Comparison of Cross-Cultural Course Changes: From Traditional Lecture Course to Contemporary Course with Biblio-Learning, Video-Learning, and Experiential Exercises

Article excerpt

Criticisms of traditional cross-cultural courses were enumerated in the literature. including superficiality and lack of personal learning experiences. Consequently, a traditional cross-cultural class with lecture and texts was compared with a contemporary cross-cultural class incorporating innovations. The traditional class students read several text-type books with cross-cultural theory and description of minority groups in a lecture format. The contemporary class read one textbook and several fiction novels exemplifying minority groups. These books were supplemented with student presentations of videos to exemplify theoretical constructs and experiential exercises. Analyses were performed to assess differences in learning outcomes and course evaluations from course structure. It was determined that though there was not a significant difference for exam one, the contemporary class had higher grades on exam two, and the traditional class had higher grades on exam three. Analysis of course evaluations, found traditional class evaluations to be higher. It was clear that students in the contemporary class were happier reading relevant novels than texts as the traditional class students complained excessively and never expressed interest in the course content. Contemporary students were eager to discuss the readings. Concern is discussed about the extra burden of the video presentations and the comparability of the classes.

As the population is becoming more and more diverse, the need for cross-cultural education is becoming more apparent. There has been a recent move in many fields toward research in this area. This move has been especially apparent in psychology and education. Although the nation's student and client populations are becoming more diverse, educators and therapists remain largely European American and middle class. This has brought about concerns as to whether individuals who are of a different culture or class are receiving equivalent services in these areas.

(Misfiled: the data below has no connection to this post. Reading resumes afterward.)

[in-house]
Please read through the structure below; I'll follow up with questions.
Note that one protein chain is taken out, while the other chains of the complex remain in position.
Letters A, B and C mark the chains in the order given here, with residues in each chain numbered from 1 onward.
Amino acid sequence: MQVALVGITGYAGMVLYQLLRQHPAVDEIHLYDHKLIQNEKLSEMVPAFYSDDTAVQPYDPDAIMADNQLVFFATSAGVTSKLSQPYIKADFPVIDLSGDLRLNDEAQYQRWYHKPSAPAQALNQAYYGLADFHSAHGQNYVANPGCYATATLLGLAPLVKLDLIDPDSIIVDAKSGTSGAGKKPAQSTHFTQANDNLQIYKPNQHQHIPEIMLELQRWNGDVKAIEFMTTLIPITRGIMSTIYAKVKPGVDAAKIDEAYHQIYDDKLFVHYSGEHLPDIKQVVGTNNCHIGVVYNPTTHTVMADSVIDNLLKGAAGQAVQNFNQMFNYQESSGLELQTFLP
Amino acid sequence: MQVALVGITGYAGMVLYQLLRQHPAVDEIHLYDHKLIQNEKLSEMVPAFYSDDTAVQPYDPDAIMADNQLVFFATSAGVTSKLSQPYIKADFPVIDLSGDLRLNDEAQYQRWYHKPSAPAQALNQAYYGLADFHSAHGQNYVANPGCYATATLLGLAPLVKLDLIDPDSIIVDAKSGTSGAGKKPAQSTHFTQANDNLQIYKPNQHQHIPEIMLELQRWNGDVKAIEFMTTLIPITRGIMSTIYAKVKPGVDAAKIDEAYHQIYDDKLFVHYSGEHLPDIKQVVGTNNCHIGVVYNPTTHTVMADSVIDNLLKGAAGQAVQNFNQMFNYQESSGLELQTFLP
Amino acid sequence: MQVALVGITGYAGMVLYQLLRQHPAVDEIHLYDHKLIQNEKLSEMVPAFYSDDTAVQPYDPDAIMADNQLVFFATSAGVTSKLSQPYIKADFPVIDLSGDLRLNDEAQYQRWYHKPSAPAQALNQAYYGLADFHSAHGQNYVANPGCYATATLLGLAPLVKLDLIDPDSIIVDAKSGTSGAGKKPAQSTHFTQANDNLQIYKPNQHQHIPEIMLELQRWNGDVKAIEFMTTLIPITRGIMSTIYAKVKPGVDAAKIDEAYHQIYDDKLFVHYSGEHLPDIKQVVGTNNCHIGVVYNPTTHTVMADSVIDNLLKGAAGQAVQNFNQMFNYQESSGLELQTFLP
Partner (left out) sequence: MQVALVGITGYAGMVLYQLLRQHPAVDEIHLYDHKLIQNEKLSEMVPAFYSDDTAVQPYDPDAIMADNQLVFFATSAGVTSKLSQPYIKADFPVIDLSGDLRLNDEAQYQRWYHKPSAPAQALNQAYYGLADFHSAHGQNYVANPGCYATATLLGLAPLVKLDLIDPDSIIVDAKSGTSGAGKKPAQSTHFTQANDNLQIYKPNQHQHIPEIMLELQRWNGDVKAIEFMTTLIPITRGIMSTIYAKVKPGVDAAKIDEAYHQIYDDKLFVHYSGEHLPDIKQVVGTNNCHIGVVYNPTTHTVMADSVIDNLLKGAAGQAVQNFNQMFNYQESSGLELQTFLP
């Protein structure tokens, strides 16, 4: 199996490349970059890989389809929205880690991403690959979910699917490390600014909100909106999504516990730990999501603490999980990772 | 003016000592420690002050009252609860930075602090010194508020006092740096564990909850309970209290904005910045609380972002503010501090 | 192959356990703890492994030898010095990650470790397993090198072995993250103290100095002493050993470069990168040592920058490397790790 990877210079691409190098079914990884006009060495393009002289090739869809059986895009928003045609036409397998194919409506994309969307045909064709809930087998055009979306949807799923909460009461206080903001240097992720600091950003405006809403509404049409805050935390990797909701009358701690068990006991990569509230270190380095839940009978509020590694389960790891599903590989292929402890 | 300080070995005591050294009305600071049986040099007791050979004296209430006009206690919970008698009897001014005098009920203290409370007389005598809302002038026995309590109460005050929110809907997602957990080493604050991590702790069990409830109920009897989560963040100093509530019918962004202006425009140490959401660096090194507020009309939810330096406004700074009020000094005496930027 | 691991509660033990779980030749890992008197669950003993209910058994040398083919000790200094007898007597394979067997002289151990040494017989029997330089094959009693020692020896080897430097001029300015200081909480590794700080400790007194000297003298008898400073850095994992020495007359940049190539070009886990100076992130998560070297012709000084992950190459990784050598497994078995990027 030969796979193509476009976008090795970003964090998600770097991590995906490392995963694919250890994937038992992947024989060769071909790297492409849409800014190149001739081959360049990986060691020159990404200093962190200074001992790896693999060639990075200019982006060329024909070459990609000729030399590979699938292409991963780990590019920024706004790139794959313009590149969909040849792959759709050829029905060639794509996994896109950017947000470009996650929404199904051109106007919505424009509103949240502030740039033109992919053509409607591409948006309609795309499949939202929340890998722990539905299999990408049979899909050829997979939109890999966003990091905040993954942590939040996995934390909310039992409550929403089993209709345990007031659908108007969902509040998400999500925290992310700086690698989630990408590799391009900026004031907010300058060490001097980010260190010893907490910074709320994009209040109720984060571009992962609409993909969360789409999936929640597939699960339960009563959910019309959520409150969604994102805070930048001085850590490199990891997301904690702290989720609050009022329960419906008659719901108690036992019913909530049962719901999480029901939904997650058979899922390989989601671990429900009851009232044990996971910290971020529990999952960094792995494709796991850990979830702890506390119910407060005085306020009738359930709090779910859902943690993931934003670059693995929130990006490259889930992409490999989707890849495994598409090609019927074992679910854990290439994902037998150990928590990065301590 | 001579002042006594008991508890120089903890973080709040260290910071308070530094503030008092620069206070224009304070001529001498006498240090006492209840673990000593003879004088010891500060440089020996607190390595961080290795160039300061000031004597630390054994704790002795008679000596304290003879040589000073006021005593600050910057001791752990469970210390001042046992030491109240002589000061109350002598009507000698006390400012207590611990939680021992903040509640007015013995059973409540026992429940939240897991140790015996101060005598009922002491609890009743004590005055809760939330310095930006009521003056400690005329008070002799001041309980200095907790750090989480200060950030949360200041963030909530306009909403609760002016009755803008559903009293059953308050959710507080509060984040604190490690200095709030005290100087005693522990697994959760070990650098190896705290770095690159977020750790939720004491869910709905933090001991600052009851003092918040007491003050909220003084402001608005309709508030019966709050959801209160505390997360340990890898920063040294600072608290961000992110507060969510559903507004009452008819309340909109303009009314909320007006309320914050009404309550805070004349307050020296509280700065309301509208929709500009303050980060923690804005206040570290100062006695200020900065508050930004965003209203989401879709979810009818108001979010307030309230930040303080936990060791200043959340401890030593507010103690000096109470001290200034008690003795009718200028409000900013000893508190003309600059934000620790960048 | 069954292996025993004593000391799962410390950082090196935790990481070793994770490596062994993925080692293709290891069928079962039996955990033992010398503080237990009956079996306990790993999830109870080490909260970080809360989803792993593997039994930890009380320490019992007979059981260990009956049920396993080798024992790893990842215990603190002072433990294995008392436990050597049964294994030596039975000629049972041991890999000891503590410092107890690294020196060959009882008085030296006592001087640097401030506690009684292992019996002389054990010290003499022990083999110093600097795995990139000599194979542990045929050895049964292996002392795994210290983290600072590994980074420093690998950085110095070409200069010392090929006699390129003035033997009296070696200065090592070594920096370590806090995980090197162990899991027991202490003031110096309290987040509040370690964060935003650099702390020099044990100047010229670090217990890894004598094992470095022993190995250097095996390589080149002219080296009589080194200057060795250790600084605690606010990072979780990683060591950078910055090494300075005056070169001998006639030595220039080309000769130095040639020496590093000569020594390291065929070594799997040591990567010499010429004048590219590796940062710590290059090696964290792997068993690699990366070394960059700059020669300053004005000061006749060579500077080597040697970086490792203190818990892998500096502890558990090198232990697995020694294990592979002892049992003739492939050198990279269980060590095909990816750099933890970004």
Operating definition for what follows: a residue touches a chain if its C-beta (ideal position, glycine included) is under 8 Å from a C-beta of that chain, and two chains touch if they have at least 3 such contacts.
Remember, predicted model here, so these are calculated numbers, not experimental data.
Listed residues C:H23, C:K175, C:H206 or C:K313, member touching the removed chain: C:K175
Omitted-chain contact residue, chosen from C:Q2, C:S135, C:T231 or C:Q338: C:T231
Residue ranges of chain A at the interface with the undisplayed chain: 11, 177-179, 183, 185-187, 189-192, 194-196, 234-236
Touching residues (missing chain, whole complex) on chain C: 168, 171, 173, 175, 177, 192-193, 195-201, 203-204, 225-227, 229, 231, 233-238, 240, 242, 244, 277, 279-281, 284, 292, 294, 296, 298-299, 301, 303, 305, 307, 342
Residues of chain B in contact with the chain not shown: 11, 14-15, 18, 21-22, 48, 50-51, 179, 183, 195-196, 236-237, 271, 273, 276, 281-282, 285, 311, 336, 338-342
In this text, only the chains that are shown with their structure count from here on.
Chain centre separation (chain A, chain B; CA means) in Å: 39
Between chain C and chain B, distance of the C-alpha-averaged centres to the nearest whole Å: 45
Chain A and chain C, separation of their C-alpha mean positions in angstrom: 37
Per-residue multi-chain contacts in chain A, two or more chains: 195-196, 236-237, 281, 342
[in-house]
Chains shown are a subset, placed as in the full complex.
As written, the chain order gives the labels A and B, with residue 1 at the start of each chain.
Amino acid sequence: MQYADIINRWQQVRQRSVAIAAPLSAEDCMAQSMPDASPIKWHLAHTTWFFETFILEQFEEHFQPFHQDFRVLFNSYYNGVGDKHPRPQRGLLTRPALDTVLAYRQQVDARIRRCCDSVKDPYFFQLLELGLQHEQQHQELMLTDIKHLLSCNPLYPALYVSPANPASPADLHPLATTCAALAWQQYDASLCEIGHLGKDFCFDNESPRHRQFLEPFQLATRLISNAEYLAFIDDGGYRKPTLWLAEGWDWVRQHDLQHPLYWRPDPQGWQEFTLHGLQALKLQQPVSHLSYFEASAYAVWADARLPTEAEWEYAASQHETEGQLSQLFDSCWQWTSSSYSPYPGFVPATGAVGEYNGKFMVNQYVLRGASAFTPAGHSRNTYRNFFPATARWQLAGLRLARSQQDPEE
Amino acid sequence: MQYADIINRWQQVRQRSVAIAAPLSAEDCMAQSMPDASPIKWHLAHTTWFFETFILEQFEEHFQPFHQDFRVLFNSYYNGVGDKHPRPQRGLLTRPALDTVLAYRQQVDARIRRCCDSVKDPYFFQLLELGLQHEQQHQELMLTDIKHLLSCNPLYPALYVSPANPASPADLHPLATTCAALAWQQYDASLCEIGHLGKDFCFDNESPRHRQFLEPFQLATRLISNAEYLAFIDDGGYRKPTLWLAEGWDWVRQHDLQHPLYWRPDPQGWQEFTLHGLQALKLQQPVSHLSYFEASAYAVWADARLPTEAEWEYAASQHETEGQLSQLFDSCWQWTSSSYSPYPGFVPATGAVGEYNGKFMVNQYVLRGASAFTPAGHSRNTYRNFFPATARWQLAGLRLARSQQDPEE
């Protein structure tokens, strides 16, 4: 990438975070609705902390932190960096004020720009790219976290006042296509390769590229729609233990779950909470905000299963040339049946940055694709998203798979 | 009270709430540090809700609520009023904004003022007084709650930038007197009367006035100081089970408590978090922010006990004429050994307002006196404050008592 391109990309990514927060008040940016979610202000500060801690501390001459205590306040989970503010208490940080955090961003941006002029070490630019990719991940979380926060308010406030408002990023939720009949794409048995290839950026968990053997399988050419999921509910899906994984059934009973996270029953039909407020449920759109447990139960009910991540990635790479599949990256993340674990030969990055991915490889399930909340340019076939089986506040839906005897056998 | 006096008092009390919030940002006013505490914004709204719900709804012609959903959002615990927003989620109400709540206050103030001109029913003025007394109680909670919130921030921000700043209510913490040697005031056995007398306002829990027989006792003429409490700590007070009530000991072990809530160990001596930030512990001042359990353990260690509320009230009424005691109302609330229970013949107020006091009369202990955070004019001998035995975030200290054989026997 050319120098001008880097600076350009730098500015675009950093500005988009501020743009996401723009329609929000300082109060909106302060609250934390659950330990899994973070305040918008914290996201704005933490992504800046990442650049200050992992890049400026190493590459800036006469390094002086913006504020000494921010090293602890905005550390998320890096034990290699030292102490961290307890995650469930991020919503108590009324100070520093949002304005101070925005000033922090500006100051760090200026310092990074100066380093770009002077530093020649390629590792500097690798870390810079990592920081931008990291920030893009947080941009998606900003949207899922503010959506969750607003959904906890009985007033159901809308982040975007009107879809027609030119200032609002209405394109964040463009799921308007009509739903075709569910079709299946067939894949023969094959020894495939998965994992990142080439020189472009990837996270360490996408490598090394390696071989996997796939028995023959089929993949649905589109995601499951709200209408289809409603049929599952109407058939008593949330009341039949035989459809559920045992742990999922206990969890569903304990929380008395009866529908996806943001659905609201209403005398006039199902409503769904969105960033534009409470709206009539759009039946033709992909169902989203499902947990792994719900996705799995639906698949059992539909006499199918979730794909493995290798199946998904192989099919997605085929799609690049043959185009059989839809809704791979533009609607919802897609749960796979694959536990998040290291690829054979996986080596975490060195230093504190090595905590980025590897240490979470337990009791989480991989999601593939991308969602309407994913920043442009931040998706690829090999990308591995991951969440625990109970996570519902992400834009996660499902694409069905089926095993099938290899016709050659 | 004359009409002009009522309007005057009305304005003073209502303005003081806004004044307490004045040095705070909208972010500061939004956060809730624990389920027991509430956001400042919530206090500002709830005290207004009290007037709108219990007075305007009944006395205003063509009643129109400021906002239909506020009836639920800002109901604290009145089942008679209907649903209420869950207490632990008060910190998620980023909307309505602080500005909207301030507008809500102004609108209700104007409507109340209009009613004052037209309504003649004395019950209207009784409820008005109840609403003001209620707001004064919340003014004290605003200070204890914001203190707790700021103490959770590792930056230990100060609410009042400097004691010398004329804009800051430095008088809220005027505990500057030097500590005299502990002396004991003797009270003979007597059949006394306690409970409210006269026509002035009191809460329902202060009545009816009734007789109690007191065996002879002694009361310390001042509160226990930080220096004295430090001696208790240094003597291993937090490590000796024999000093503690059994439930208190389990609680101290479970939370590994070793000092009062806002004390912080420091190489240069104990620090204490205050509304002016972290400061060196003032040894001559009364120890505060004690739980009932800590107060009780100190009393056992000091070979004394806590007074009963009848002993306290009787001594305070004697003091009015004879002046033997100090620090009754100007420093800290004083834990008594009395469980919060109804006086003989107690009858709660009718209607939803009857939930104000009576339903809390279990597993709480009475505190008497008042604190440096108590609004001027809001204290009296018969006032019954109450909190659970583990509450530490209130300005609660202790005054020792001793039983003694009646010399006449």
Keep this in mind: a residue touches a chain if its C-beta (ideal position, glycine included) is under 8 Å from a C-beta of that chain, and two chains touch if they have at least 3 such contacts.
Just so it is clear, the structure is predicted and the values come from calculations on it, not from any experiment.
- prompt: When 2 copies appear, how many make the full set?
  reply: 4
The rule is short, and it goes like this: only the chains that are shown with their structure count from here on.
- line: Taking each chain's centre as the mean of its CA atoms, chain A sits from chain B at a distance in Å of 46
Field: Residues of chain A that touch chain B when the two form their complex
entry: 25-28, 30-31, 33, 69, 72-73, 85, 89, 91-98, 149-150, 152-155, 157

The field of psychology has not been without its biases and prejudices. Even after becoming aware of these problems, minorities have still been treated unfairly and often misdiagnosed or encouraged to conform to the mainstream society due to racial or cultural differences (Pederson, 2001; Robinson & Morris, 2000).

Professionals are now working toward understanding and changing such a perspective and promoting the appropriate education necessary for working with a diverse clientele (Constantine, 2001: Constantine & Yeh, 2001). Guidelines for training and practice are now being developed to ensure that minority or culturally divergent clients receive effective treatment. School curricula and applied training programs are also beginning to incorporate cross-cultural training into their curricula, but to varying degrees and with varying methods (Loudon. Anderson, Gill, & Greenfield, 1999: Rogers, Hoffman, & Wade. 1998: Webster. 2001).

A review by Kiselica, Maben, and Locke (1999) determined that, despite its flaws, cross-cultural training is effective in lowering prejudice and heightening European American racial identity development. It appears that we are moving in a positive direction toward provision of appropriate training, but there is still much to be understood in order to produce cross-culturally competent therapists (Kiselica et al., 1999; Robinson & Morris, 2000: Rogers et al., 1998; Tomlinson-Clarke, 2000).

There is still much dispute over what the most effective methods of training are (Arthur & Stewart, 2001; Robinson & Morris, 2000; Rogers et al., 1998; Tomlinson-Clarke, 2000). Though more has been written about graduate programming in cross-cultural training, some suggestions have been offered relevant to training at the undergraduate level. It is clearly necessary to provide some pedagogical techniques in a non-traditional manner. This might include discussion, experiences outside of the classroom or assessment formats other than standardized exams (Harris, 2001; Kranz & Lund, 1998; Lund, Kranz, & Porter, 1998). …


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